Waking up when it suits you: SleepTracker alarm watch

Waking up when it suits you: S...
SleepTracker personal alarm watch
SleepTracker personal alarm watch
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SleepTracker personal alarm watch
SleepTracker personal alarm watch

September 11, 2007 Have you ever noticed that on some mornings you wake up more easily than others? These are the mornings when you wake up in the light, "almost awake-time" of your sleep cycle. The bad groggy mornings are when you have awakened from the deep sleep part of the sleep cycle. We've previously encountered technology that takes advantage of this phenomena in the form of the aXbo "sleep phase alarm clock" and now there's the wrist worn SleepTracker personal alarm watch. The SleepTracker tracks sleep cycles and allows you to set your "wake-up" time to coincide with moments of light sleep, meaning you wake up feeling more alert.

The average adult experiences 4-5 full sleep cycles over an 8-hour period. Each cycle lasts about 90-110 minutes and comprises five different stages. No two people have the same sleep cycles, and nobody has the same cycle twice. Many factors can influence sleep cycles, including diet, exercise, medications, drugs or alcohol, stress, sleep disorders, and sleep deprivation. Age and gender can play a role, too: women tend to sleep more soundly than men, and as we age, we sleep more restlessly.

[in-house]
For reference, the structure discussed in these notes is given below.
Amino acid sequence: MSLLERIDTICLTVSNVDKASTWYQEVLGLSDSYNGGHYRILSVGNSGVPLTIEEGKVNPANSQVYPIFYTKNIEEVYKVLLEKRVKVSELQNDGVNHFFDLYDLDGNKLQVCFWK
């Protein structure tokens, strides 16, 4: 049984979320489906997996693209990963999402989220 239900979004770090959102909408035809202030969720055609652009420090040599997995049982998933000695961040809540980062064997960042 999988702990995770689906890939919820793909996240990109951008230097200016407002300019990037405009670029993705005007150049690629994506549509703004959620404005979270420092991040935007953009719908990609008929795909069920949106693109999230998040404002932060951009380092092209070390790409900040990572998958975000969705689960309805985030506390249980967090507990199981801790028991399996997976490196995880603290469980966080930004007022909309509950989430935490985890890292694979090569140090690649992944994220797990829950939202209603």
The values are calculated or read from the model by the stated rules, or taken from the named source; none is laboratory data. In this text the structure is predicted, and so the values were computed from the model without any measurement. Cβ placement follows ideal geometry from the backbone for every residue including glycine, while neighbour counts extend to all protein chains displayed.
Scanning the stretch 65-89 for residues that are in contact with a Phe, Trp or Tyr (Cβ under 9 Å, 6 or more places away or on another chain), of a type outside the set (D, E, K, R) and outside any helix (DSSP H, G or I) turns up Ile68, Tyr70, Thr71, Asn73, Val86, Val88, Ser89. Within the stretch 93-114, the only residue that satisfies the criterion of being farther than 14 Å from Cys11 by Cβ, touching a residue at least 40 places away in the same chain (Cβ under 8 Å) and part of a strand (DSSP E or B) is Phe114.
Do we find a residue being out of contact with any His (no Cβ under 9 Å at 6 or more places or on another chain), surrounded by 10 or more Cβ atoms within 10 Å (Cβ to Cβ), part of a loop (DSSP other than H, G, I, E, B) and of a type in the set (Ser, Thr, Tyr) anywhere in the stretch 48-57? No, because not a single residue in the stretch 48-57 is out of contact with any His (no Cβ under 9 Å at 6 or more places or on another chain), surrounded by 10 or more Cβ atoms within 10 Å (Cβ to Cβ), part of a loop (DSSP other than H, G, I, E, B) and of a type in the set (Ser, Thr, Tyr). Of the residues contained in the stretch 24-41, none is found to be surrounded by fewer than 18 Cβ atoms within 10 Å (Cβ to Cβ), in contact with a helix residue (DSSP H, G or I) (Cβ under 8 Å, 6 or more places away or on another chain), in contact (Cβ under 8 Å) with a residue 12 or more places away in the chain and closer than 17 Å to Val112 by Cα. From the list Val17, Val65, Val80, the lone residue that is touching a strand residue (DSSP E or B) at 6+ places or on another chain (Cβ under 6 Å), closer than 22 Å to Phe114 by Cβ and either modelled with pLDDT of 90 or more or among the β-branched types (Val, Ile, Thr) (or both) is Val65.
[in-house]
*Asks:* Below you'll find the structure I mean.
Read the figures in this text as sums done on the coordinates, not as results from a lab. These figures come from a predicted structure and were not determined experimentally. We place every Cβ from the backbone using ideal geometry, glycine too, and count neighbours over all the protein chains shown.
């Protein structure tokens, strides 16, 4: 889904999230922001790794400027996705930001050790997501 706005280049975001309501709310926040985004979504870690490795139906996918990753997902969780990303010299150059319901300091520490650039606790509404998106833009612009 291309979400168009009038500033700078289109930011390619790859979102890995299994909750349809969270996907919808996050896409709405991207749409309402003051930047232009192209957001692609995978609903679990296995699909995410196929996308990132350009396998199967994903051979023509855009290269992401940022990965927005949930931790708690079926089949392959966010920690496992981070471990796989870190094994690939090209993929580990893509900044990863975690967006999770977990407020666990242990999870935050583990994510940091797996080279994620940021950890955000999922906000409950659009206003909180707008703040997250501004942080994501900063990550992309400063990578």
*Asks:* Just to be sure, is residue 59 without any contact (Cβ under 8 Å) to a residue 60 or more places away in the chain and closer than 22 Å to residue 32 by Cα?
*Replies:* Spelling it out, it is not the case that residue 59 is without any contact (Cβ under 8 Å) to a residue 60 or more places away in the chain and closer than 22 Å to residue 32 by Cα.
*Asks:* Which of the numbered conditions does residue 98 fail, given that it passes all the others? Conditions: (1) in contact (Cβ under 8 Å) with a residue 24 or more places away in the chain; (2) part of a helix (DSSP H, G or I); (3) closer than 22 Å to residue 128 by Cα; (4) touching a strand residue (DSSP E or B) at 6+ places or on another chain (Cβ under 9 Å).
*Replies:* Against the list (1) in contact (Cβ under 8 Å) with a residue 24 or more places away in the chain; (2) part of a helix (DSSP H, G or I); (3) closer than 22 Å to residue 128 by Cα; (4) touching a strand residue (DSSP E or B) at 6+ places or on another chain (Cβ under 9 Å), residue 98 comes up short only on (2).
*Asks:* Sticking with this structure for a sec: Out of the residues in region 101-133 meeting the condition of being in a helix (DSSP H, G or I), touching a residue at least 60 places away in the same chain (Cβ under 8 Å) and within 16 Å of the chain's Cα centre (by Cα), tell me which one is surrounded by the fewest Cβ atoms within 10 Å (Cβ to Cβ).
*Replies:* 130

The SleepTracker continuously monitors signals from your body that indicate whether you are asleep or awake and its internal sensors detect even the most subtle physical signals from your body to find your best waking moments. Once you set its alarm window, it monitors your sleep cycles for optimal waking moments during the preset alarm window and finds those almost awake-moments (which can be multiple during the sleep cycle alarm window) and gently wakes you when you're most alert.

The standard SleepTracker is now available for US$149.00

1 comment
Robert Fox
It would have been interesting to realize what the watch was monitoring in the body. REM seems unlikely. Pulse; probably...brain activity...did they not tell us you have to wear a brain monitoring skull cap? The sound of snoring?